The rate of transmission of French to children under the age of 18 years in Ontario is of particular interest to us.
Language(s) spoken at home - In endogamous households (in which both parents speak French), 91.6% of the children continue to speak French. In exogamous households in which the mother is Francophone, the retention rate is 34.2%.This rate drops to 14.6%when it is the father who is Francophone (OFA, 2005).
Loss or students - Ontario has 12 French-language school boards. Of every 10 students who begin their studies in French-language schools, four leave French-language schools before the end of secondary school to go to English-language schools (Barkany, 2007).
In 2006, Statistics Canada produced a document called The Canadian Component of the International Adult Literacy and Skills Survey 2003 (IALSS): The Situation of Official Language Minorities (Corbeil, 2006). It presents and explains the results relating to Francophones between the ages of 16 and 65 of the second international survey. Because the data was amassed from a large number of Francophones in Manitoba, New Brunswick and Ontario, it is safe to say that it fairly represents the reality of Francophones in these provinces.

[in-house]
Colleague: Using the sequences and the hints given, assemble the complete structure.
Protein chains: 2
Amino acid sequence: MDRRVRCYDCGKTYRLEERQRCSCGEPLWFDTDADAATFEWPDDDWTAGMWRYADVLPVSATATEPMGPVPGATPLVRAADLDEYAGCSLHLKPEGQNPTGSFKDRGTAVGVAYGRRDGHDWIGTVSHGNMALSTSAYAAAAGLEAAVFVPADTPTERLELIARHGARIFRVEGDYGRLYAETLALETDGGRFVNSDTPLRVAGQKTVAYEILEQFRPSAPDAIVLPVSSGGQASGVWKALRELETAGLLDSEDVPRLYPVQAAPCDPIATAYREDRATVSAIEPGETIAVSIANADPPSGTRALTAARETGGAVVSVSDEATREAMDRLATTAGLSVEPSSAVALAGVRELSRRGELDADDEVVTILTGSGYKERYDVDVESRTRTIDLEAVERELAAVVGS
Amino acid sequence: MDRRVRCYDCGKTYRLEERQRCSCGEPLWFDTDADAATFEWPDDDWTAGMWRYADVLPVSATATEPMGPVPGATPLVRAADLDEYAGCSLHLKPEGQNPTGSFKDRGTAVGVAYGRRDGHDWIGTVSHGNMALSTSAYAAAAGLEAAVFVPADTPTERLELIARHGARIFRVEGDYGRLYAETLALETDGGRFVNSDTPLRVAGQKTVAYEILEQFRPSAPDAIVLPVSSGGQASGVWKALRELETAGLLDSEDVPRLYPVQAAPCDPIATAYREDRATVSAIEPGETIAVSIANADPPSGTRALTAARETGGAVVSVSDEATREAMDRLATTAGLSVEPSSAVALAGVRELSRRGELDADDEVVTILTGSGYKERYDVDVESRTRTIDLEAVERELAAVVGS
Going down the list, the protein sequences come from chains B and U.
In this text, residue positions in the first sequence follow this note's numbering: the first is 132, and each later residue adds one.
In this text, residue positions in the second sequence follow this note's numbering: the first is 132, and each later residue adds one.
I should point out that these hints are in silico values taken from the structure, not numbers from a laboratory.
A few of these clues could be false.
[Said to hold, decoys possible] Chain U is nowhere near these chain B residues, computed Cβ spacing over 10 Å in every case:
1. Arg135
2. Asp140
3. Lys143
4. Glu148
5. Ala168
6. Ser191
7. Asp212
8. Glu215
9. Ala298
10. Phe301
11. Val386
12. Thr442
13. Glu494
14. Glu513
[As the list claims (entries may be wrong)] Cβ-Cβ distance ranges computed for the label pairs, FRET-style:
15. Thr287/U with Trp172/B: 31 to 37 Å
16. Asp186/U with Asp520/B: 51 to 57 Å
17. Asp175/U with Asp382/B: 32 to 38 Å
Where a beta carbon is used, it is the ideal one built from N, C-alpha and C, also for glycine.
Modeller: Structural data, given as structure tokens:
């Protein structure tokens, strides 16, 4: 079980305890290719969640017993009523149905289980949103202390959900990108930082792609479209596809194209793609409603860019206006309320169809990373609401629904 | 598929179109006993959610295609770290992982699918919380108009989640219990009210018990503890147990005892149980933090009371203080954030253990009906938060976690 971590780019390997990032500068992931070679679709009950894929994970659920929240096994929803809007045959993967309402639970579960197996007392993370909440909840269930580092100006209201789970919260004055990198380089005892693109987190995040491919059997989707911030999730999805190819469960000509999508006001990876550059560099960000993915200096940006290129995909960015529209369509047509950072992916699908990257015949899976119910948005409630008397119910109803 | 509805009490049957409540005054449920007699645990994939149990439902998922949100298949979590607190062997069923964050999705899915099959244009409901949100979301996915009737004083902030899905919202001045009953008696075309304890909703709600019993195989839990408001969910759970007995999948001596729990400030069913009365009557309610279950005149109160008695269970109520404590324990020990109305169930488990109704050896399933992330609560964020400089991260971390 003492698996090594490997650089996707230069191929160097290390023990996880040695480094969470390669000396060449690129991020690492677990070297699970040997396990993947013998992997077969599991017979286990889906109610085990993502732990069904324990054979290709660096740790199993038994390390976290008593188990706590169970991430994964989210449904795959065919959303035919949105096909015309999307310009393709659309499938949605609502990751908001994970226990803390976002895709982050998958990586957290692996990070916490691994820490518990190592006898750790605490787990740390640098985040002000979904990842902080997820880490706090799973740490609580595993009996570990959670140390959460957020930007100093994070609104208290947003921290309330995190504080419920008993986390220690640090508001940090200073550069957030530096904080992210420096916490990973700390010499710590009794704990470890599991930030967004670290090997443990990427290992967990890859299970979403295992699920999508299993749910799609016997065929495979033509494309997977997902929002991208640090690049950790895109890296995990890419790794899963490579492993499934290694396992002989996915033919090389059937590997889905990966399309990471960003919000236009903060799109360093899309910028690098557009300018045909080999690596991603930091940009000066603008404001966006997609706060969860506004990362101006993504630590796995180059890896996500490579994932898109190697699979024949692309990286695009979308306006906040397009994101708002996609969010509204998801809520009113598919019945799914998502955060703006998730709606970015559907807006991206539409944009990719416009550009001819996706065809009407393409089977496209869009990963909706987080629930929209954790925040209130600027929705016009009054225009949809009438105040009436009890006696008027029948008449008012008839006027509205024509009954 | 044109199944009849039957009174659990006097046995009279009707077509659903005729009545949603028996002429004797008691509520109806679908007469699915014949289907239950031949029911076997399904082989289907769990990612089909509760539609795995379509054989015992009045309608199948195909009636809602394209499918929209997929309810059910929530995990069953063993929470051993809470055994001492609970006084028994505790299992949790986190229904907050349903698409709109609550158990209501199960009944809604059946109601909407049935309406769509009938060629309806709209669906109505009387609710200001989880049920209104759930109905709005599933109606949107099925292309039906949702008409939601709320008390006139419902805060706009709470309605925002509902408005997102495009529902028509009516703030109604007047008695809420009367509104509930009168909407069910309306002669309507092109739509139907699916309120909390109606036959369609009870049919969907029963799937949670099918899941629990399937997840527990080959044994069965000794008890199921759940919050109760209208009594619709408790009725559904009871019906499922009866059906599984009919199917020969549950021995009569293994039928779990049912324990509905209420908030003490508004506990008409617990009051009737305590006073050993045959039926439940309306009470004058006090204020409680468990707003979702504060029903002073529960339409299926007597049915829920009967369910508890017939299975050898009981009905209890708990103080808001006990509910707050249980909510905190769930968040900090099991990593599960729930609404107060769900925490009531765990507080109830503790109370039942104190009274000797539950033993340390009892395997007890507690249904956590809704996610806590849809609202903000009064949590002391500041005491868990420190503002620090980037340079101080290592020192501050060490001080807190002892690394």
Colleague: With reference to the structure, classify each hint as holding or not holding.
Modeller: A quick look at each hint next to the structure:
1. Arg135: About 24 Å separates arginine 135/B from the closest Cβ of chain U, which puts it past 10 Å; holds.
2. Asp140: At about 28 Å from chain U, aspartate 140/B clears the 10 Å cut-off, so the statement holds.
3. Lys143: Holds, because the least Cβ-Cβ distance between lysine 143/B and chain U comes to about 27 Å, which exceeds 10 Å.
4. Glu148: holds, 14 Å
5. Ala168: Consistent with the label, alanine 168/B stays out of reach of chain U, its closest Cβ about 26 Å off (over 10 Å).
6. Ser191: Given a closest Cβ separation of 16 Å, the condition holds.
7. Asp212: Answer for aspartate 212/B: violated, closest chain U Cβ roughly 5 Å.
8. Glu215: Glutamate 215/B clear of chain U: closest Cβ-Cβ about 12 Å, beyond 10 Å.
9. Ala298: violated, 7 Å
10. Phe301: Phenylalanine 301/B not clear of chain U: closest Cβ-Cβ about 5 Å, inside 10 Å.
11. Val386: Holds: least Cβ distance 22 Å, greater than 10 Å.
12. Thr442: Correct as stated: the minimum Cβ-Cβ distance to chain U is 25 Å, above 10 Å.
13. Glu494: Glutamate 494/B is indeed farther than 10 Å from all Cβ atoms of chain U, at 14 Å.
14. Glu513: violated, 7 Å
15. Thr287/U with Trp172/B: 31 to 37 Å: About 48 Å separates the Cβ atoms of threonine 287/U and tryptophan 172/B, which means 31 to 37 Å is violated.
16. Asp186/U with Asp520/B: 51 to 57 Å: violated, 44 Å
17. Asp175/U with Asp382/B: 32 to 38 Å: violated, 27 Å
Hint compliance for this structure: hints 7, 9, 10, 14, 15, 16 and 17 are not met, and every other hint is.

Key facts of the survey
Overall, Francophones in Ontario have more difficulty reading and understanding written texts than do Anglophones, whether or not their geographic location places them in a majority or minority setting, and whether or not they chose English or French to respond to the survey questionnaire (Wagner et al., cited in FCAF,2007).